Tracing microbial hydrocarbon transformation processes in a high temperature petroleum reservoir using signature metabolites

TitleTracing microbial hydrocarbon transformation processes in a high temperature petroleum reservoir using signature metabolites
Publication TypeJournal Article
Year of Publication2017
AuthorsGruner A., Jarling R., Vieth-Hillebrand A., Mangelsdorf K., Janka C., van der Kraan G.M, Kohler T., Morris B.EL, Wilkes H.
JournalOrganic Geochemistry
Volume108
Pagination82-93
Date PublishedJun
ISBN Number0146-6380
Accession NumberWOS:000402484800008
KeywordsOil and Gas Degradation
AbstractThe consequences of microbial activity in petroleum reservoirs, such as deterioration in crude oil quality and technical problems in oil production were recognized a long time ago, while the metabolic capability and hydrocarbon transformation processes of microorganisms are less understood. In this study, petroleum hydrocarbons serving as substrates for microorganisms, as well as the organic acid composition of formation water were investigated for samples originating from an oilfield in Upper Austria with an elevated reservoir temperature around 78 degrees C. Many alkanoic, aromatic and dicarboxylic acids were found in the formation water, and which may derive from microbial degradation of hydrocarbons. To the best of our knowledge, polyalkylated succinic acids such as 2,2- and 2,3-dimethylsuccinic acid, 2-ethyl-3-methylsuccinic acid and 2,2,3-trimethylsuccinic acid have not been described in formation water before. Considering the degree of substitution, we conclude that many of the alkylated succinic acids did not derive from the direct activation of hydrocarbons via addition to fumarate. It is more likely that they were produced during the course of hydrocarbon transformation and intracellular catabolism of fatty acids, and possibly other compounds, and play a role in protection mechanisms against high temperature and solvent stress. The results provide clear evidence for ongoing biodegradation of hydrocarbons in a petroleum reservoir at elevated temperature close to the generally accepted threshold of 80 degrees C. (C) 2017 Elsevier Ltd. All rights reserved.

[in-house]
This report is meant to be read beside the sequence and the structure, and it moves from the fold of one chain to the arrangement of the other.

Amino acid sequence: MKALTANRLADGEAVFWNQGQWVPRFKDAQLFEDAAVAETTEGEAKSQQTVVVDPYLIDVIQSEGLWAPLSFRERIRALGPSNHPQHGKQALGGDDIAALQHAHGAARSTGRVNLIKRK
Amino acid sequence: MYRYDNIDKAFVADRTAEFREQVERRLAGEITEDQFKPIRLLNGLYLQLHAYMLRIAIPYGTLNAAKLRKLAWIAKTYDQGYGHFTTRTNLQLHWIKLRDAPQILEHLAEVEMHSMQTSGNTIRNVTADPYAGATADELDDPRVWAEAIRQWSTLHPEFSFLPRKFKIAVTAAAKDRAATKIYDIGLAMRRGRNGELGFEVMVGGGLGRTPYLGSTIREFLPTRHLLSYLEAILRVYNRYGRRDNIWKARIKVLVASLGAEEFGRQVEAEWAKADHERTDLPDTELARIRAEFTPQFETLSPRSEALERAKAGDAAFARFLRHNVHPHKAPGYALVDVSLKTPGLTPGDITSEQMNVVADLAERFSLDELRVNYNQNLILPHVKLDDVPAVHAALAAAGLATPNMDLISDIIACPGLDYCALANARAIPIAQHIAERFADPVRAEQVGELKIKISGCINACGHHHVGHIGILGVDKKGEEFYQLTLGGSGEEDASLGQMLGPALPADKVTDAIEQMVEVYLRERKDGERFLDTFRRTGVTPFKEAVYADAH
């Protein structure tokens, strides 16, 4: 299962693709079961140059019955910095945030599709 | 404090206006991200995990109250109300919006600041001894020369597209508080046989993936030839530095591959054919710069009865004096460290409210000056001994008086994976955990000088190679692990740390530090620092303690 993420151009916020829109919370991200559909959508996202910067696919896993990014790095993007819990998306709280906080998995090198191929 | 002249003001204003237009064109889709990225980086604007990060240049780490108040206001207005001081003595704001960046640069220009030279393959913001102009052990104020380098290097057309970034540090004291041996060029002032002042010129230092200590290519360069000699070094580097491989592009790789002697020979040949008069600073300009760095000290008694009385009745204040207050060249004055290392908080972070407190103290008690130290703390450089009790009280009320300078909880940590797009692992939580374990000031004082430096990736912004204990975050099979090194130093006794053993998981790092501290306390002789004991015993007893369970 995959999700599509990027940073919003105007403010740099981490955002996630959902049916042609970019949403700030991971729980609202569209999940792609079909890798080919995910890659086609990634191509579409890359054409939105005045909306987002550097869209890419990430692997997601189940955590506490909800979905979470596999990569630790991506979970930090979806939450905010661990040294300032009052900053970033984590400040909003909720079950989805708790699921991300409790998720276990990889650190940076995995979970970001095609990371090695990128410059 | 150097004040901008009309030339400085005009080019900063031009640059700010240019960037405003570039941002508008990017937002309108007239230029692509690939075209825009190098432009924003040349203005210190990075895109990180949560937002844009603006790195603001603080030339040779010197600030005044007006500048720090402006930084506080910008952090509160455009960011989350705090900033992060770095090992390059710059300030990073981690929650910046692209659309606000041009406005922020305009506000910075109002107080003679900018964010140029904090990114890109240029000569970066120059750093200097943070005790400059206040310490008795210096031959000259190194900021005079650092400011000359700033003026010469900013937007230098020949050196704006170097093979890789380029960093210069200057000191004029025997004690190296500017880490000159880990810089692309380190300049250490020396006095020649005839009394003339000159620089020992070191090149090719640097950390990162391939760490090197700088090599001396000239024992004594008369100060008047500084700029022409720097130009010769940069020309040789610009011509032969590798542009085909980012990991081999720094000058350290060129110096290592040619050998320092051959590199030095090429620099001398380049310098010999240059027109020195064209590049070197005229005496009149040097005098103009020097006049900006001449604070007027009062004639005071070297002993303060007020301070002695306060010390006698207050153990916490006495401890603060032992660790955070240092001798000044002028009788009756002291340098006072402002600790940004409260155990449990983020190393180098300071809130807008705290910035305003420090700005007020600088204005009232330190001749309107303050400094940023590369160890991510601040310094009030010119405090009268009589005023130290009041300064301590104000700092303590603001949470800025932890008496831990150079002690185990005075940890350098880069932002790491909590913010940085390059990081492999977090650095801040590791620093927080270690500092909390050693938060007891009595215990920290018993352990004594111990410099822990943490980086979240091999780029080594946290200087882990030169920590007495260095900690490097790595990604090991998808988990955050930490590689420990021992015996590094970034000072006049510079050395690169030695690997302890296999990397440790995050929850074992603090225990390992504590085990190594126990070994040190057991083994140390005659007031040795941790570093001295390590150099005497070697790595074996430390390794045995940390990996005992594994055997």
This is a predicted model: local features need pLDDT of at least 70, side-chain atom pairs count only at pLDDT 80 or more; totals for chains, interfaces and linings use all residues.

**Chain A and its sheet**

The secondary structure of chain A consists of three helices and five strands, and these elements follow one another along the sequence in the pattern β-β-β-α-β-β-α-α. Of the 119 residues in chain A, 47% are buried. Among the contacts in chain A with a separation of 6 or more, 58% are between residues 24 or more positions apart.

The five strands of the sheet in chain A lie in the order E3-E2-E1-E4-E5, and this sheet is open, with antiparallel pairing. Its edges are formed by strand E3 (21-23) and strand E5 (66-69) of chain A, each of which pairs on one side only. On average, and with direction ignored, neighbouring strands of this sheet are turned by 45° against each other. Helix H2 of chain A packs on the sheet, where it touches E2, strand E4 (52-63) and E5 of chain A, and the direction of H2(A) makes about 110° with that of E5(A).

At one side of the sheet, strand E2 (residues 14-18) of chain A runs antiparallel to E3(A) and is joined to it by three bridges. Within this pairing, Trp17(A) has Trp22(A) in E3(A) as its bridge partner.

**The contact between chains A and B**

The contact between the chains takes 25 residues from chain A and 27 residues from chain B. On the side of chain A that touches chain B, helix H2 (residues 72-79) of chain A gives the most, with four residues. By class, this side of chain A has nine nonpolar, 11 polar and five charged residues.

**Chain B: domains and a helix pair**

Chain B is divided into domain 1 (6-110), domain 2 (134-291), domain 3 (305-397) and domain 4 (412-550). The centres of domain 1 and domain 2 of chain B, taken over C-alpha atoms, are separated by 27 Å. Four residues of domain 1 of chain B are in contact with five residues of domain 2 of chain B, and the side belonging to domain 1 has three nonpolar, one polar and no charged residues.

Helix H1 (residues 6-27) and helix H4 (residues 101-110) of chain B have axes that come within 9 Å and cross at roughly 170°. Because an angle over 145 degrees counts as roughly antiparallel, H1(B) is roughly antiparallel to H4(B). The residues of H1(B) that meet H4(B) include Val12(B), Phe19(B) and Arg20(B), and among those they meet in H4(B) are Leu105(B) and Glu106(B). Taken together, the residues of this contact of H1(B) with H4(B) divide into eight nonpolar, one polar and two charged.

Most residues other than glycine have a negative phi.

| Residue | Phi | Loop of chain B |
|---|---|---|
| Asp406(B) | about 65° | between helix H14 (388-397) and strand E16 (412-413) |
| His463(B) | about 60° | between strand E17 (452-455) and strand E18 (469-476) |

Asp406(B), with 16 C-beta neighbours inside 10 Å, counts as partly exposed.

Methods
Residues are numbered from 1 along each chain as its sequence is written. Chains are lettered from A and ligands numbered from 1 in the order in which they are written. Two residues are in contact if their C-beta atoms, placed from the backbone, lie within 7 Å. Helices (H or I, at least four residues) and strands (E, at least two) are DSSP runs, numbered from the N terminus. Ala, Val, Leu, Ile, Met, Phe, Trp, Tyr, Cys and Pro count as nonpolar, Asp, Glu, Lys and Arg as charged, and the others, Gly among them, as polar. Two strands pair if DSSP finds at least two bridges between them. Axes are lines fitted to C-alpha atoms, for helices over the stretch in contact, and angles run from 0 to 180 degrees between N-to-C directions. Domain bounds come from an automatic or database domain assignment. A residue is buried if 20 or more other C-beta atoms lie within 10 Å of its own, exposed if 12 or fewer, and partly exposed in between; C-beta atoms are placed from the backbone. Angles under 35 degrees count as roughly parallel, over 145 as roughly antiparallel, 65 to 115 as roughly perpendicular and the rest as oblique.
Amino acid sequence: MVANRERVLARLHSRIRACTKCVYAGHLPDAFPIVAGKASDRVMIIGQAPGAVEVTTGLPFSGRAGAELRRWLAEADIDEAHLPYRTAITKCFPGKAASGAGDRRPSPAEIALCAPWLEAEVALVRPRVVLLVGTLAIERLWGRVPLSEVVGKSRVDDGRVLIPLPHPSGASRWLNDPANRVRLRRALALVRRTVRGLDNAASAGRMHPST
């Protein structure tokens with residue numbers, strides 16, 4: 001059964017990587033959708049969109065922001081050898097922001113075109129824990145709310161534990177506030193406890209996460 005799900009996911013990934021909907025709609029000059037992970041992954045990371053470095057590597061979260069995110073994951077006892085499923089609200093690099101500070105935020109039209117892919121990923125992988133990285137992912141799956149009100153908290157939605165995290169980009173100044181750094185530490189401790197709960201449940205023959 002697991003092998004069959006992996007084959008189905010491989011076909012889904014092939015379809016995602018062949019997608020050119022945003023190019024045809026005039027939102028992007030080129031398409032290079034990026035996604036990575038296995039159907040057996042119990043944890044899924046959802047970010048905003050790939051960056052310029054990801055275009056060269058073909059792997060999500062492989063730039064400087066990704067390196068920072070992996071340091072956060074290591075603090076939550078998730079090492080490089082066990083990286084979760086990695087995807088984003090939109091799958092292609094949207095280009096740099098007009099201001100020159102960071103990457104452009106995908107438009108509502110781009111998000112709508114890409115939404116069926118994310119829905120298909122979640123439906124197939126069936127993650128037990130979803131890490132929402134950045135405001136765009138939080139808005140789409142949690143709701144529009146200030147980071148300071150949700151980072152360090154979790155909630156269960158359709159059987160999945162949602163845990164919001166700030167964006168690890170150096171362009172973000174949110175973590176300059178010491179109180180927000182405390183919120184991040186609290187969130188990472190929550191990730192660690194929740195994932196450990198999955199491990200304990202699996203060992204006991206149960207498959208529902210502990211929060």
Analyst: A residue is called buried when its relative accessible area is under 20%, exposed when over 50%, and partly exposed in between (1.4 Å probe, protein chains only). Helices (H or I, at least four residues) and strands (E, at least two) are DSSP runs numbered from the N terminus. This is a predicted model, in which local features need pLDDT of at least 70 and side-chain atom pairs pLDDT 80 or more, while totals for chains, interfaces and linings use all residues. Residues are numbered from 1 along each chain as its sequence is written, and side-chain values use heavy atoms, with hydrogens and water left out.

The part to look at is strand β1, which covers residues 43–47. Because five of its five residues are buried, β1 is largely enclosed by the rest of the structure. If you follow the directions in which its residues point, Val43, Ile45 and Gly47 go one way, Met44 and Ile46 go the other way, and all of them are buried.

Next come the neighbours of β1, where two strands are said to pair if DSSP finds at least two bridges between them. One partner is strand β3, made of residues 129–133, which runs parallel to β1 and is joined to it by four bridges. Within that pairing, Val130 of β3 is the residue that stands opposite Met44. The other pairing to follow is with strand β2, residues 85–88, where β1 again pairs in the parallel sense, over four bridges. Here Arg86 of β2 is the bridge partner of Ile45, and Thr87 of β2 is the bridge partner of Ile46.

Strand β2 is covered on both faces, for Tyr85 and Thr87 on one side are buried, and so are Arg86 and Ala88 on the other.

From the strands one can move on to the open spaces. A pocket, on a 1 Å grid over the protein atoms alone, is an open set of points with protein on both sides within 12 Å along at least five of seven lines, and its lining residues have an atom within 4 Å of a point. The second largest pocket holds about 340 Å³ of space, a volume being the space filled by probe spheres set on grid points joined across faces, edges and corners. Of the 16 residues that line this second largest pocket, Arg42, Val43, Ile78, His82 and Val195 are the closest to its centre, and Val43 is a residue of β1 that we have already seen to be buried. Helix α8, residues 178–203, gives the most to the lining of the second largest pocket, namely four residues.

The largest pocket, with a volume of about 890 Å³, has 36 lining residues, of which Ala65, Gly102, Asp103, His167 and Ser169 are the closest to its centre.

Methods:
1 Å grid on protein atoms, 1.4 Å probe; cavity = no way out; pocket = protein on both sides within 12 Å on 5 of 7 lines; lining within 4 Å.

DOI10.1016/j.orggeochem.2017.03.003